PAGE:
GREENVILLE, S.C. (WSPA)– It’s a brain disorder– more common than Parkinson’s disease or cerebral palsy, yet many had never heard of it until A-list celebrity, Bruce Willis was diagnosed.

As part of our “Ask the Expert” series, in partnership with Bon Secours St. Francis, we spoke with a neurologist to better understand “Aphasia” which affects some 2 million Americans.

Aphasia is a disorder that results from damage to portions of the brain that are responsible for language.

“I think that probably the simplest way to explain it is that it’s an impairment in the ability to communicate.”

Dr. Paul LaPenna, Neurologist, Bon Secours St. Franics

Dr. Paul LaPenna, a neurologist, says someone with aphasia will have difficulty speaking.

“Their sentences may be fragmented. They may have difficulty finding the right words,” said Dr. LaPenna

Aphasia also affects someone’s ability to write and read and comprehend what was read.

“As a neurologist, I see it almost on a daily basis,” said Dr. LaPenna.

Doctor LaPenna says about one in every 250 people has aphasia.

“Aphasia is a symptom of a disease, but it is not itself a disease,” said Dr. LaPenna.

A number of things can cause aphasia like an impairment or a disease in the left hemisphere of the brain.

“That can be a stroke. That can be a brain tumor. That could be a form of dementia. It could be anything that affects that area of the brain, traumatic brain injury, and so on, and so on,” said Dr. LaPenna.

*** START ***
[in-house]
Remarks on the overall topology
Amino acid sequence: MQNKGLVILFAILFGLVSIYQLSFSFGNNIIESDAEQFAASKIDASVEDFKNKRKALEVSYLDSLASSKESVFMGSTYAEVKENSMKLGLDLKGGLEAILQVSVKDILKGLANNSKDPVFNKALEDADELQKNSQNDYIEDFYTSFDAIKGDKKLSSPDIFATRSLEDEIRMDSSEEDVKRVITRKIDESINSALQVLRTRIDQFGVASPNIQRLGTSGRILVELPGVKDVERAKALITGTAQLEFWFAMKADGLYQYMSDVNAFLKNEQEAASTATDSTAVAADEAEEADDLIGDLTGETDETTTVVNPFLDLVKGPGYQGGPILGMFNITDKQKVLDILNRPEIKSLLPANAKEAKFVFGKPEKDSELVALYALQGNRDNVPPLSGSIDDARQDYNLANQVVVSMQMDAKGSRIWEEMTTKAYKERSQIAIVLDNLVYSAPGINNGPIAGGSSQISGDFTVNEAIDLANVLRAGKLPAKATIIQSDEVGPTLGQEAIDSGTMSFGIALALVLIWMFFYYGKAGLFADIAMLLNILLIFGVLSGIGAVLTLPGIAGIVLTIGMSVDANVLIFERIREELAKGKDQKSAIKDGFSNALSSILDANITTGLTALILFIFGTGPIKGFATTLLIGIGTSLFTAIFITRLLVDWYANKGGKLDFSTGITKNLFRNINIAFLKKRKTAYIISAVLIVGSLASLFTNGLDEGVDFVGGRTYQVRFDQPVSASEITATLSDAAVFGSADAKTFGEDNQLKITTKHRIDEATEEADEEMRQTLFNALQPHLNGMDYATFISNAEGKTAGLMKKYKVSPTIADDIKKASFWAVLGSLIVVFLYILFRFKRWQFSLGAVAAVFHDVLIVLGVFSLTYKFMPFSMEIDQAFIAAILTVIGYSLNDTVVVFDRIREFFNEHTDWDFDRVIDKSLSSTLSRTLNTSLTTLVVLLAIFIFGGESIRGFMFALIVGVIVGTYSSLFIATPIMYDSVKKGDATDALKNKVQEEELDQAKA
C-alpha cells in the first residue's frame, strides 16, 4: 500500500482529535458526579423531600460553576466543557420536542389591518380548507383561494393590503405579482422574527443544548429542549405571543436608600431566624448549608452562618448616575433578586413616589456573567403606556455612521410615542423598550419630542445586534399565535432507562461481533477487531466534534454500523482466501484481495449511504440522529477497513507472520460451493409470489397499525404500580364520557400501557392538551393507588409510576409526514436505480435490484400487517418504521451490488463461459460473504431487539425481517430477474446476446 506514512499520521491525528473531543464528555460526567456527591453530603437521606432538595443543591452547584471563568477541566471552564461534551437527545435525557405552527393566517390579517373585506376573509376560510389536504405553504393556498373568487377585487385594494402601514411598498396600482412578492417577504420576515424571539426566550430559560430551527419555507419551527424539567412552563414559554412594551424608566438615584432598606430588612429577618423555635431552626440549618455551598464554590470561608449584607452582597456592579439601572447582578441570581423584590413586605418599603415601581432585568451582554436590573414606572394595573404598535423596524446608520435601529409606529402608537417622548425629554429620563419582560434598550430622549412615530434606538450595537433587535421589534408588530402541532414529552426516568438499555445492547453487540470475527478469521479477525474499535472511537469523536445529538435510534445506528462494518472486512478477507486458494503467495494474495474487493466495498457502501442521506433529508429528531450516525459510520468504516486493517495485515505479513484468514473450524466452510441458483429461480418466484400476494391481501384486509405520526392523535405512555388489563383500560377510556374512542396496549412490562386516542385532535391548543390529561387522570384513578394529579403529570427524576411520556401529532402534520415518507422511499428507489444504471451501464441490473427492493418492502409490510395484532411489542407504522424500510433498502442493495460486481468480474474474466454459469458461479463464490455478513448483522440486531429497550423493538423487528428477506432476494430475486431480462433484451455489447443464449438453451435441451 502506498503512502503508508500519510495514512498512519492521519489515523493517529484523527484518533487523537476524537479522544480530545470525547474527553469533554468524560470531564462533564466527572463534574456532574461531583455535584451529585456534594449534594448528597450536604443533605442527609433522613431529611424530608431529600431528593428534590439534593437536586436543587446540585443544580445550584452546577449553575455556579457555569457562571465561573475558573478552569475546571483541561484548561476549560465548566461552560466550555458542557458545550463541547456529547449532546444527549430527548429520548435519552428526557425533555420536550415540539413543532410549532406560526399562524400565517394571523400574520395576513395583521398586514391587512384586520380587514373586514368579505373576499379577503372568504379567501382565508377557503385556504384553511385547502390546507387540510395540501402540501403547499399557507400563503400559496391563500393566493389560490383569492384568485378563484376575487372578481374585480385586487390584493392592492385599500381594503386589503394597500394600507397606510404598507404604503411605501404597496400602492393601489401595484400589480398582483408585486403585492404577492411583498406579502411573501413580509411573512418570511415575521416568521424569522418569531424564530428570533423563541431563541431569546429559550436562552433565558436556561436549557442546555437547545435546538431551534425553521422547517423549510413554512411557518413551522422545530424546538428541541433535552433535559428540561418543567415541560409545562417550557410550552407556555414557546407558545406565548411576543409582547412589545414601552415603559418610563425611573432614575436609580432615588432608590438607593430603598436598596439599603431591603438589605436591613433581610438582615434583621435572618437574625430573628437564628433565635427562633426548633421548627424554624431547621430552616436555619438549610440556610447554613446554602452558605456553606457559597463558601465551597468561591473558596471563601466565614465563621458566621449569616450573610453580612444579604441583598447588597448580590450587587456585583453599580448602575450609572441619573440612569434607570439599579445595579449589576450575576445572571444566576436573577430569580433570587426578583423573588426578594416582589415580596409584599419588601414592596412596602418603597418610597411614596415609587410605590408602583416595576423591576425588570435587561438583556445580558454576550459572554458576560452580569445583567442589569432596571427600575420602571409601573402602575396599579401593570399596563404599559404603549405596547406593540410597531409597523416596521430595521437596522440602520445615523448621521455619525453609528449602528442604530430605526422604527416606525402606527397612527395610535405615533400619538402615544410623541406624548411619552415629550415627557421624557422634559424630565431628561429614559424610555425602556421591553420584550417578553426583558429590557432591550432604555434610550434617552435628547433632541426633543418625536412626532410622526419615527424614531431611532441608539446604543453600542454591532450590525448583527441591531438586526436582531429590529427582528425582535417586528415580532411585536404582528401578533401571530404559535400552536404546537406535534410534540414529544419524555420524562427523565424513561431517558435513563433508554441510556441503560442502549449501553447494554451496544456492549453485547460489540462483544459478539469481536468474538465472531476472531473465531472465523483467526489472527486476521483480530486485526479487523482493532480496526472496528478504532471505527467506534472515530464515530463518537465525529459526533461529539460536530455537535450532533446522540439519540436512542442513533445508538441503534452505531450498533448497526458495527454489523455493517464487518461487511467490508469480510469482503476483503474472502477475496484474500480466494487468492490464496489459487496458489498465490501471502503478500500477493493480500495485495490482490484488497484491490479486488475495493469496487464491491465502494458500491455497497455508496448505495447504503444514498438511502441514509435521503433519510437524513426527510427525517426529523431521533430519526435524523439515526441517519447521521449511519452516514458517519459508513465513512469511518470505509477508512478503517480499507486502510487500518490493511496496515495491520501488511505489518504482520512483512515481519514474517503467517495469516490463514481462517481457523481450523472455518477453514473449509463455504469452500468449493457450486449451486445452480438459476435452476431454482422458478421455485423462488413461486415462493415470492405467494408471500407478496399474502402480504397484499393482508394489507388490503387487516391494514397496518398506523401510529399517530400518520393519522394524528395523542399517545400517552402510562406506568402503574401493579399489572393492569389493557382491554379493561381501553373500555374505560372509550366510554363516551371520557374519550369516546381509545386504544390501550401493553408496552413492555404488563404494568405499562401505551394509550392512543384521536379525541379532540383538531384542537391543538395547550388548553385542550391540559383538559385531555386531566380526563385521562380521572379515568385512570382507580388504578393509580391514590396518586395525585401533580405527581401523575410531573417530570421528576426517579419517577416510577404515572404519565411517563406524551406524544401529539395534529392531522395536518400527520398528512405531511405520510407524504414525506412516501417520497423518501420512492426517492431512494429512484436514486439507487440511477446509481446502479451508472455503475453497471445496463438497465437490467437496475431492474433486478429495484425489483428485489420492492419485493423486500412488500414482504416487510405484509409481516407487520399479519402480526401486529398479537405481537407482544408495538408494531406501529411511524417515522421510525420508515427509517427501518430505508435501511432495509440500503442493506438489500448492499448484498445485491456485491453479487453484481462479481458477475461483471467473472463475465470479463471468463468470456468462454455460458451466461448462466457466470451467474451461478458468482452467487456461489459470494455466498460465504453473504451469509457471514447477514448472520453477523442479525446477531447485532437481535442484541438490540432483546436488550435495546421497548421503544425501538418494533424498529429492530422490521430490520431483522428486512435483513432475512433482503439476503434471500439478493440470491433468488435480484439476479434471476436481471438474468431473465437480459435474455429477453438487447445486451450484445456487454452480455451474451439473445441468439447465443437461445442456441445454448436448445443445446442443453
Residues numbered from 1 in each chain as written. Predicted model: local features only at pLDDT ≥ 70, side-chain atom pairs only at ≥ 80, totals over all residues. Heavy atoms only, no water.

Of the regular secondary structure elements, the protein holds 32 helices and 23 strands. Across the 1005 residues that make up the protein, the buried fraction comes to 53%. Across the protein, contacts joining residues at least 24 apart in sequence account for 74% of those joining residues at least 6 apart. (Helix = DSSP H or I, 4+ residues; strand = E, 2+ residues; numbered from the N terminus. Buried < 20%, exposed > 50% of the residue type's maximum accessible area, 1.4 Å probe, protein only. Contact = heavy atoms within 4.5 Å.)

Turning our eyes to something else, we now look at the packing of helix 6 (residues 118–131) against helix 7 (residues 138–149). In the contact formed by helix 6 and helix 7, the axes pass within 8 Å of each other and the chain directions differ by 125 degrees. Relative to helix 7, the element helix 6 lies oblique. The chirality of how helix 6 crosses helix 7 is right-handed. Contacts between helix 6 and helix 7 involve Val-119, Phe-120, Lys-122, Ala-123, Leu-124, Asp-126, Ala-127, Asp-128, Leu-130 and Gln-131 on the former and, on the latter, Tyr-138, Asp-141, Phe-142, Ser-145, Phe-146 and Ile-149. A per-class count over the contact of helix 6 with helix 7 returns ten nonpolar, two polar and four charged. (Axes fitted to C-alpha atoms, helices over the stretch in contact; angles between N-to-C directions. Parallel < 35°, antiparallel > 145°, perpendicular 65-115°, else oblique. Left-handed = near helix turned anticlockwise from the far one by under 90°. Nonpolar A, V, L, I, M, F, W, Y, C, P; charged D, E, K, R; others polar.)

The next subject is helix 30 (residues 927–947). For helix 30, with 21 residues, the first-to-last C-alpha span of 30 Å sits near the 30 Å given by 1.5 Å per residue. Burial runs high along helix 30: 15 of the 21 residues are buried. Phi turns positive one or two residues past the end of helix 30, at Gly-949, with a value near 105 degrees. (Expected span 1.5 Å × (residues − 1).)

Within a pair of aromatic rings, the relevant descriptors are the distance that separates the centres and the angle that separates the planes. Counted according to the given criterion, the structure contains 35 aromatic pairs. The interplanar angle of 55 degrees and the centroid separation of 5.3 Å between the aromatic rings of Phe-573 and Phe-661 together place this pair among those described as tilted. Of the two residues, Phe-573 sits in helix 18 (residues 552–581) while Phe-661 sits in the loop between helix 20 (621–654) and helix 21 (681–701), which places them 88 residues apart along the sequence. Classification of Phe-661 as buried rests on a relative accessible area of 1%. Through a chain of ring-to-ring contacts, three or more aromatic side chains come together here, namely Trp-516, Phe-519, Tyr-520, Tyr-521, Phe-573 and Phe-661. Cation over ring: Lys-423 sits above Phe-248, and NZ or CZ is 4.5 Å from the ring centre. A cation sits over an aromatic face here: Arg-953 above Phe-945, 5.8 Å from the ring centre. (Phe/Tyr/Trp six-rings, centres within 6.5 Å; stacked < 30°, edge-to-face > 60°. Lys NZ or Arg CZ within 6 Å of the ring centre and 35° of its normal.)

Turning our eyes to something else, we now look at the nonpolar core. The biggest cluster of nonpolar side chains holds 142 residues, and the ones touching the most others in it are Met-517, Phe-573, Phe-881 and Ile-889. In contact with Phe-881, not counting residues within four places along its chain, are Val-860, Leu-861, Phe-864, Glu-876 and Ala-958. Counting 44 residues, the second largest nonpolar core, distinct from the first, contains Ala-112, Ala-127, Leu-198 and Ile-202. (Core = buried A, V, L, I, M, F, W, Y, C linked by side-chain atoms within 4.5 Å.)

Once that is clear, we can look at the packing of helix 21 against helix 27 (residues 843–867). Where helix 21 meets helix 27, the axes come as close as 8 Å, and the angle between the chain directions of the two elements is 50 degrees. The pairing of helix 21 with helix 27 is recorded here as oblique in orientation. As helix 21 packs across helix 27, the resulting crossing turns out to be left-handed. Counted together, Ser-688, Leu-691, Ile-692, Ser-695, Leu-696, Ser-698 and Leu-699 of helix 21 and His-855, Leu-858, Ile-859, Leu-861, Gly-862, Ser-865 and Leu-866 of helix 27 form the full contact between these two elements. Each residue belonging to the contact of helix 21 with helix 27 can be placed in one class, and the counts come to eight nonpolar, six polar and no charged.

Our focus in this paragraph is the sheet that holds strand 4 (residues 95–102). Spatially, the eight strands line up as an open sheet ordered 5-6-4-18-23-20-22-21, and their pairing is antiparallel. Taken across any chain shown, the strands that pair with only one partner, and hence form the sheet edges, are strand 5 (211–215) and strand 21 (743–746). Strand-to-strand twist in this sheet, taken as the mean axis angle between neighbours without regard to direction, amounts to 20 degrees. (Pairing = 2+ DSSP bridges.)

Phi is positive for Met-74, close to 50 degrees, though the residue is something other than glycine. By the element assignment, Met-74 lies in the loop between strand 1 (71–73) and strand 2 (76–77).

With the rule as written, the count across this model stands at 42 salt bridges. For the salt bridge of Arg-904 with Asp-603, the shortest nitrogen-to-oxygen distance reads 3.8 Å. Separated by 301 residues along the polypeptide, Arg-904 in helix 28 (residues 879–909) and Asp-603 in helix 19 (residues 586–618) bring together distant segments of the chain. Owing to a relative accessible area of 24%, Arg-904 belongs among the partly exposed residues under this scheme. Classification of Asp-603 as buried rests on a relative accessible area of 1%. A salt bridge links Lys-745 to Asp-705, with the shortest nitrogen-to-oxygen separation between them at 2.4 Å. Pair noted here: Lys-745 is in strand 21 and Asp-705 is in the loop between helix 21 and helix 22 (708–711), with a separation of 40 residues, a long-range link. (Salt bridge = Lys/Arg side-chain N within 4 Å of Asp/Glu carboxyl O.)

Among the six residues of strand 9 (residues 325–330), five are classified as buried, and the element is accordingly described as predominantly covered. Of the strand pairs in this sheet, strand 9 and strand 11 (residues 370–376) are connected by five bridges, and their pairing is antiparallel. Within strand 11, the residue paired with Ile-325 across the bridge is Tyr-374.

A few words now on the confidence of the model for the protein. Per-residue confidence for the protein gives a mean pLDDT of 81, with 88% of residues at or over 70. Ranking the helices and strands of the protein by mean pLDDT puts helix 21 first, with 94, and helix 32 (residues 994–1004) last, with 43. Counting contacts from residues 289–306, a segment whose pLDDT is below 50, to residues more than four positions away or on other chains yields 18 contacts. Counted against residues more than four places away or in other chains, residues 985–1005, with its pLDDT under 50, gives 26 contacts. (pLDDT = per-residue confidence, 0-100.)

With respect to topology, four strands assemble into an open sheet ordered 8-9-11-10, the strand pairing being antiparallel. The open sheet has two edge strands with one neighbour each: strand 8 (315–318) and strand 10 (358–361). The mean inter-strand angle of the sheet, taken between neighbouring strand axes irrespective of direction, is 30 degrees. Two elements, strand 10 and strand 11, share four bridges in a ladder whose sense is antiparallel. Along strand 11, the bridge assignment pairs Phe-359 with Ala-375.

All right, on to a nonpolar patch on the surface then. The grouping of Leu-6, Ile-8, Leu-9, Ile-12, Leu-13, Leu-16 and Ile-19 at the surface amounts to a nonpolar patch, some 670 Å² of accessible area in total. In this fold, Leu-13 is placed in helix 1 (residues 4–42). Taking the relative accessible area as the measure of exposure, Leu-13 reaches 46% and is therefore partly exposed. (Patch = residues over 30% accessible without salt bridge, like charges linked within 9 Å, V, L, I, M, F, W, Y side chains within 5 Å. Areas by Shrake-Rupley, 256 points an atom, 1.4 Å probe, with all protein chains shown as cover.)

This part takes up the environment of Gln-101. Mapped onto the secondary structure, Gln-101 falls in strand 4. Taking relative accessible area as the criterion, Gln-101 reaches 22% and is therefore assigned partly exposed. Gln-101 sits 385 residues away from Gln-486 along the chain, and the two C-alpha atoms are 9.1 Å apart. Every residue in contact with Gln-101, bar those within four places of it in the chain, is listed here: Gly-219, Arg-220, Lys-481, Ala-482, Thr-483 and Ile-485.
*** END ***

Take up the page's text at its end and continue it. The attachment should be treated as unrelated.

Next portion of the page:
You are more at risk for aphasia as you age.

“But, it’s not aging that’s causing the aphasia. It’s just that major causes of aphasia include things like dementia and stroke and those diseases are just more present as we age,” said Dr. LaPenna.

But, a young person can be at risk too.

“Aphasia could happen, for example, on someone who’s very young, from a traumatic brain injury from a car accident or something like that,” said Dr. LaPenna.

Sometimes the causes of aphasia can be prevented.

“So, for me, the number one cause of aphasia that I see is stroke. And to a large extent, stroke can be prevented. So, not smoking cigarettes, drinking alcohol in moderation, eating well, and exercising on a regular basis,” said Dr. LaPenna.

Dr. Paul LaPenna, Neurologist, Bon Secours St. Franics

Right now, Dr. LaPenna says there is no cure.

Treatment for aphasia includes meeting with a speech pathologist for therapy on a regular basis.

To submit a health topic for our ‘Ask the Expert’ series, click here.